Combining forces: a multidisciplinary approach to unravel population structure in a heavily bycaught deepwater shark

Late Lunch Talk by Claudia Junge

The velvet belly lantern shark, Etmopterus spinax is a small-sized deepwater shark, which is often captured as by-catch in commercial deep-water fisheries and discarded due to its low commercial value. A decline has been observed in some areas attributed to excessive fishing pressure. Despite being a commonly found shark, there is a lack of knowledge about its population structure, ecology and response to environmental or anthropogenic changes. Due to its extensive latitudinal distribution, E. spinax could be a useful model species for understanding the level of connectivity and potential adaptive differences between deep-sea shark populations, especially with regard to anthropogenic impacts. This knowledge is crucial for the sustainable management of this species and possibly its habitat. In our multidisciplinary study, we aim to unravel what constitutes a population in a deepwater shark, using Etmopterus spinax as a model species, and how these populations differ from each other. We have population genetic data (mitochondrial DNA) as well as population genomic pilot data from thousands of SNPs across the genome (RAD Seq), and will discuss findings together with chemistry and pilot parasite data.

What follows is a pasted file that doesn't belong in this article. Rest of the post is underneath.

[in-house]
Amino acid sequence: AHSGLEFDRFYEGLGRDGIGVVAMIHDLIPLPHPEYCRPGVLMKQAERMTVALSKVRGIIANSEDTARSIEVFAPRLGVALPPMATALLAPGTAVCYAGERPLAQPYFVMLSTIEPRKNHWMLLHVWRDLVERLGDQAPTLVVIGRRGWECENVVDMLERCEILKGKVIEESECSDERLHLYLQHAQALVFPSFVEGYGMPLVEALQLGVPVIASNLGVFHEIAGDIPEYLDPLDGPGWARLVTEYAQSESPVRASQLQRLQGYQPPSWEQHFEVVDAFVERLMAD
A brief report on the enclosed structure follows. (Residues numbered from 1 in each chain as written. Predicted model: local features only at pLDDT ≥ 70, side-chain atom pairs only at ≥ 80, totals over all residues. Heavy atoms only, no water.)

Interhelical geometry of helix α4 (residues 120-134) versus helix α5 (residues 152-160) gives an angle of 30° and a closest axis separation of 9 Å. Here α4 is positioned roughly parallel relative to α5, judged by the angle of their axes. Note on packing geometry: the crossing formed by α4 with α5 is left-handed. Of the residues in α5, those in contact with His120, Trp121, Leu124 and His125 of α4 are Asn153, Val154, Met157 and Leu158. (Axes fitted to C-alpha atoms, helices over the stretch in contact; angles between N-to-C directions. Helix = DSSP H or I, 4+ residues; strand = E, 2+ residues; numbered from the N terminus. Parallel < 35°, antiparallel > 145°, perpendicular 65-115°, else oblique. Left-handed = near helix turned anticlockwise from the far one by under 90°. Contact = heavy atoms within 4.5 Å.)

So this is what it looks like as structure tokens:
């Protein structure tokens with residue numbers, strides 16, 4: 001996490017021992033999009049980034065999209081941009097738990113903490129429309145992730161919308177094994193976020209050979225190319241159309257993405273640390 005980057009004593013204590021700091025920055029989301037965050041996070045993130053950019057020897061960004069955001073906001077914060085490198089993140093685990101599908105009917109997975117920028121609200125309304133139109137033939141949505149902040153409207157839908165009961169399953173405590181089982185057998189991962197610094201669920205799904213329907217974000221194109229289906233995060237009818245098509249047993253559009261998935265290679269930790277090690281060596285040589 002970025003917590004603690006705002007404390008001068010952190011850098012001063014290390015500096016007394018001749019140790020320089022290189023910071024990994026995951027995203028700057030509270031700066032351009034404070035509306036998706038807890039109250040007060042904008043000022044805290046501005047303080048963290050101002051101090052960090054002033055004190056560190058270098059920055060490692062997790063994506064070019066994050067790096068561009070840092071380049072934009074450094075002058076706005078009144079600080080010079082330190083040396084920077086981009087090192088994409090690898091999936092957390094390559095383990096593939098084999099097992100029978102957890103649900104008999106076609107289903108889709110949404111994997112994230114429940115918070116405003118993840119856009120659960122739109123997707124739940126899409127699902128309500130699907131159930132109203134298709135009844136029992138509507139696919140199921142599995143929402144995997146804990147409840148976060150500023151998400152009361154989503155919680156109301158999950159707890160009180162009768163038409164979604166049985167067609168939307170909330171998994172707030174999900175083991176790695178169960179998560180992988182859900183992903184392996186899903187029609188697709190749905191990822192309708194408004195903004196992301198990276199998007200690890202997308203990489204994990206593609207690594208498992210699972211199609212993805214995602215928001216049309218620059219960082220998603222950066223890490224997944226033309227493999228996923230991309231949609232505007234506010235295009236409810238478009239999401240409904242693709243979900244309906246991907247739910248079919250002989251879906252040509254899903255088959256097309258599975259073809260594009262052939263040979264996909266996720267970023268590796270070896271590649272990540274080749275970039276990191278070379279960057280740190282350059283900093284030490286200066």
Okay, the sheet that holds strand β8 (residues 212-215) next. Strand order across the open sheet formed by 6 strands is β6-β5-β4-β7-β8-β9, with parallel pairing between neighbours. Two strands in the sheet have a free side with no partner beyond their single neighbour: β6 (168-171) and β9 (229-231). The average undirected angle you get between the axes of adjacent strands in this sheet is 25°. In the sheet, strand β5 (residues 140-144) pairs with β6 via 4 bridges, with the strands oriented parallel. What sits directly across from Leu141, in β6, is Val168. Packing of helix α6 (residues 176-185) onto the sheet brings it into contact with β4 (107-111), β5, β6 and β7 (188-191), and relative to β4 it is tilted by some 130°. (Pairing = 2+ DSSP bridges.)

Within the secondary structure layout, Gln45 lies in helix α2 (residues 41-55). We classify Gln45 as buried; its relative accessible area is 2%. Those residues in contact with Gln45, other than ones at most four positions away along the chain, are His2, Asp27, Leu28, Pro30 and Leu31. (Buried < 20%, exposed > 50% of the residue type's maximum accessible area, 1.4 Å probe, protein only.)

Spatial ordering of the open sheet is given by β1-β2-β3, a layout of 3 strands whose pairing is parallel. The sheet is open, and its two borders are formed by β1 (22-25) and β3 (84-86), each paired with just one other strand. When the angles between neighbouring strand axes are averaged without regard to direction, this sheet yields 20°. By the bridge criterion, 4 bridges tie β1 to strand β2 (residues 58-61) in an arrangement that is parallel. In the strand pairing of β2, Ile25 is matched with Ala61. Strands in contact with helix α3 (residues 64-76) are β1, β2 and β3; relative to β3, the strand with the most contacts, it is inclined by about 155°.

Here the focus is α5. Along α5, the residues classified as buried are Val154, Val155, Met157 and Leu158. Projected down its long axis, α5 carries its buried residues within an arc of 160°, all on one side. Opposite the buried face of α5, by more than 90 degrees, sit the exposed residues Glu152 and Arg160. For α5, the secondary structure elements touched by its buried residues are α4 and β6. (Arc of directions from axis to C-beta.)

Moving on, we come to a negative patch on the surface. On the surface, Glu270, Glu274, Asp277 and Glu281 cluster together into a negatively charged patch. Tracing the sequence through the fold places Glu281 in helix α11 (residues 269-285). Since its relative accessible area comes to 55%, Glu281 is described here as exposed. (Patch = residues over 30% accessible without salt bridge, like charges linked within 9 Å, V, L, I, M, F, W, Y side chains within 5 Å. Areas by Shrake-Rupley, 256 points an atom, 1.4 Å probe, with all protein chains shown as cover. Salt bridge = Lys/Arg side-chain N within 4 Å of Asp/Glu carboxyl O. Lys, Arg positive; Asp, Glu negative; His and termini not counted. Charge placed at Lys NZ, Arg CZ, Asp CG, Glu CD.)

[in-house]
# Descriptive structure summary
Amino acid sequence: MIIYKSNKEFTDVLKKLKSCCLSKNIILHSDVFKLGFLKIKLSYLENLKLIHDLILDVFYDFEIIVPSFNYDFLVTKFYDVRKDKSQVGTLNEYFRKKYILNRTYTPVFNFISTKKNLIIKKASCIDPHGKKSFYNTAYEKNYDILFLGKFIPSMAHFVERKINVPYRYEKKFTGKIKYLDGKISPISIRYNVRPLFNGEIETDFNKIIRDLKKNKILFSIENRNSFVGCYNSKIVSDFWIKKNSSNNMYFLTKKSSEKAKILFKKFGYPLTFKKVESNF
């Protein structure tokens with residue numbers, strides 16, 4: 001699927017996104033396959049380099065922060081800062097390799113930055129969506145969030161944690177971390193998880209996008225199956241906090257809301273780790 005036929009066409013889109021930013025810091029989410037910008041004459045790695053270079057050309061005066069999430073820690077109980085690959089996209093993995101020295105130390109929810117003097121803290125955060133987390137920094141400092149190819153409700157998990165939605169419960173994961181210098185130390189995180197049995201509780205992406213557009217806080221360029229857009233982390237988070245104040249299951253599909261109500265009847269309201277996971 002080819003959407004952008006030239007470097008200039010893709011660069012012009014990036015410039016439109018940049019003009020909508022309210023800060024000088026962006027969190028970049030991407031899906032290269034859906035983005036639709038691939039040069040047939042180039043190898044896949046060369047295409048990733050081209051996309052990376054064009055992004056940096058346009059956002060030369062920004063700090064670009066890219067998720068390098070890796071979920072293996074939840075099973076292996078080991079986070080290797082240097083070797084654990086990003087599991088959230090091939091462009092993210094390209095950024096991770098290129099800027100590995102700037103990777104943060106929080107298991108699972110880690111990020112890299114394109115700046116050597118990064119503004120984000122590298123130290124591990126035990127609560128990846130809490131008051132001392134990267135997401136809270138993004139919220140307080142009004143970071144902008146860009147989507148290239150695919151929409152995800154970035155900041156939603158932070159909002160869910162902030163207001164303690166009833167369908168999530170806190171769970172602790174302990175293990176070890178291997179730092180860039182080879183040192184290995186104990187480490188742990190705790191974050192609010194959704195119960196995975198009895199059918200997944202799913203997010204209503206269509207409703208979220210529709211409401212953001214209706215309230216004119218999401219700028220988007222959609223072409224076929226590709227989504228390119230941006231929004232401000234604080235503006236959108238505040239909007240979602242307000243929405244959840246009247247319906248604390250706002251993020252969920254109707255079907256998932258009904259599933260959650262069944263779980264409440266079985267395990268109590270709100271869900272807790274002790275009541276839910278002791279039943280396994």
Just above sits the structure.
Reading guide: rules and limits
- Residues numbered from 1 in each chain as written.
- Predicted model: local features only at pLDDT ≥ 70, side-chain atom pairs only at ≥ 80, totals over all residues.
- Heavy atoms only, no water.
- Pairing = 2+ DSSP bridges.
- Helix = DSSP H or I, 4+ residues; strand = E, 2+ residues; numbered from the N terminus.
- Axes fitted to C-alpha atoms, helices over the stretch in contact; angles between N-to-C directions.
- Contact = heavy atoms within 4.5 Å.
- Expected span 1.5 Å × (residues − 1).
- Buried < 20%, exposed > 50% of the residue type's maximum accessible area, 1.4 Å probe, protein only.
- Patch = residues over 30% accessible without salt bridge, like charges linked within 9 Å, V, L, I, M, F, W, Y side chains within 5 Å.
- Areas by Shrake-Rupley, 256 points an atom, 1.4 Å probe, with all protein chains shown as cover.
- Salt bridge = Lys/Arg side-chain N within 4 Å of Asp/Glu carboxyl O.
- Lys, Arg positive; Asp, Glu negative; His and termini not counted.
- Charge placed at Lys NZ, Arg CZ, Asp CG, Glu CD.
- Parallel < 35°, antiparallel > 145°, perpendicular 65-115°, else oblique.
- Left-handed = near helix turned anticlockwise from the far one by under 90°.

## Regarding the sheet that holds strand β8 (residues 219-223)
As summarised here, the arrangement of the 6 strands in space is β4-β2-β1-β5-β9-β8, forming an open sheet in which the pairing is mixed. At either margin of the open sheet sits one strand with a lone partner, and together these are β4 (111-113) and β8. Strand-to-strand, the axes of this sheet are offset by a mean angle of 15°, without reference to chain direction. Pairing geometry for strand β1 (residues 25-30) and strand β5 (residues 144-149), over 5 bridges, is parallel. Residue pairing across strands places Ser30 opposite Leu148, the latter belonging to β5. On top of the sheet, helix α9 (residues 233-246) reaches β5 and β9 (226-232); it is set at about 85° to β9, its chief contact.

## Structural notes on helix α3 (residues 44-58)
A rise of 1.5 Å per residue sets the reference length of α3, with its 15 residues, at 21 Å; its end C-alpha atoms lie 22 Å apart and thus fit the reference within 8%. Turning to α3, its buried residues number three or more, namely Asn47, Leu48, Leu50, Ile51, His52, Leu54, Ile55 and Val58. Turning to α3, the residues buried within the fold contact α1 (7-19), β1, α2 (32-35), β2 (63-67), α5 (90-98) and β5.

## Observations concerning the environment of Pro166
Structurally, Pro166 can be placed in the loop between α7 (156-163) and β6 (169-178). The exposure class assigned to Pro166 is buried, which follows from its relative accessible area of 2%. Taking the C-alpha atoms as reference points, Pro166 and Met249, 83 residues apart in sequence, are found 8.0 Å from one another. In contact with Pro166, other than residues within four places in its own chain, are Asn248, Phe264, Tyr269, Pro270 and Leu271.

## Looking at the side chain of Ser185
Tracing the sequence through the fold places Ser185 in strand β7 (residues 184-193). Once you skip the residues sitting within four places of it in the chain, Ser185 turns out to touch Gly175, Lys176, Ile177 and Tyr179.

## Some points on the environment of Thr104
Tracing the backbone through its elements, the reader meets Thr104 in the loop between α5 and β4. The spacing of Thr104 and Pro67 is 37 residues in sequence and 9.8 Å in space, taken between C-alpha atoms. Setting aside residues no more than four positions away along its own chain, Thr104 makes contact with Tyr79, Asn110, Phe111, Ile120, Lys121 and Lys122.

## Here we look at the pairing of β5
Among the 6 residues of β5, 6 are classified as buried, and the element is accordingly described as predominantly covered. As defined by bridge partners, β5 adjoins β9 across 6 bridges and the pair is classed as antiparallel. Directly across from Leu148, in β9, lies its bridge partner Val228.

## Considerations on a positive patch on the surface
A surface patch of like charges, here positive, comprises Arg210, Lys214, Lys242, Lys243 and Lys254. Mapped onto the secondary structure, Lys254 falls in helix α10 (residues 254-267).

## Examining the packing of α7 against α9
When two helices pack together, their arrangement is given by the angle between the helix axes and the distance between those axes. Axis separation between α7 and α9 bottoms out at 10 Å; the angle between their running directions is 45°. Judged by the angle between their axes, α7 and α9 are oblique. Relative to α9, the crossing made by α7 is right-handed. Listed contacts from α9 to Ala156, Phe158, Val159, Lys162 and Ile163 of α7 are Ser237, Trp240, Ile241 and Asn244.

Published Sep. 17, 2015 5:12 PM - Last modified Mar. 8, 2021 3:07 PM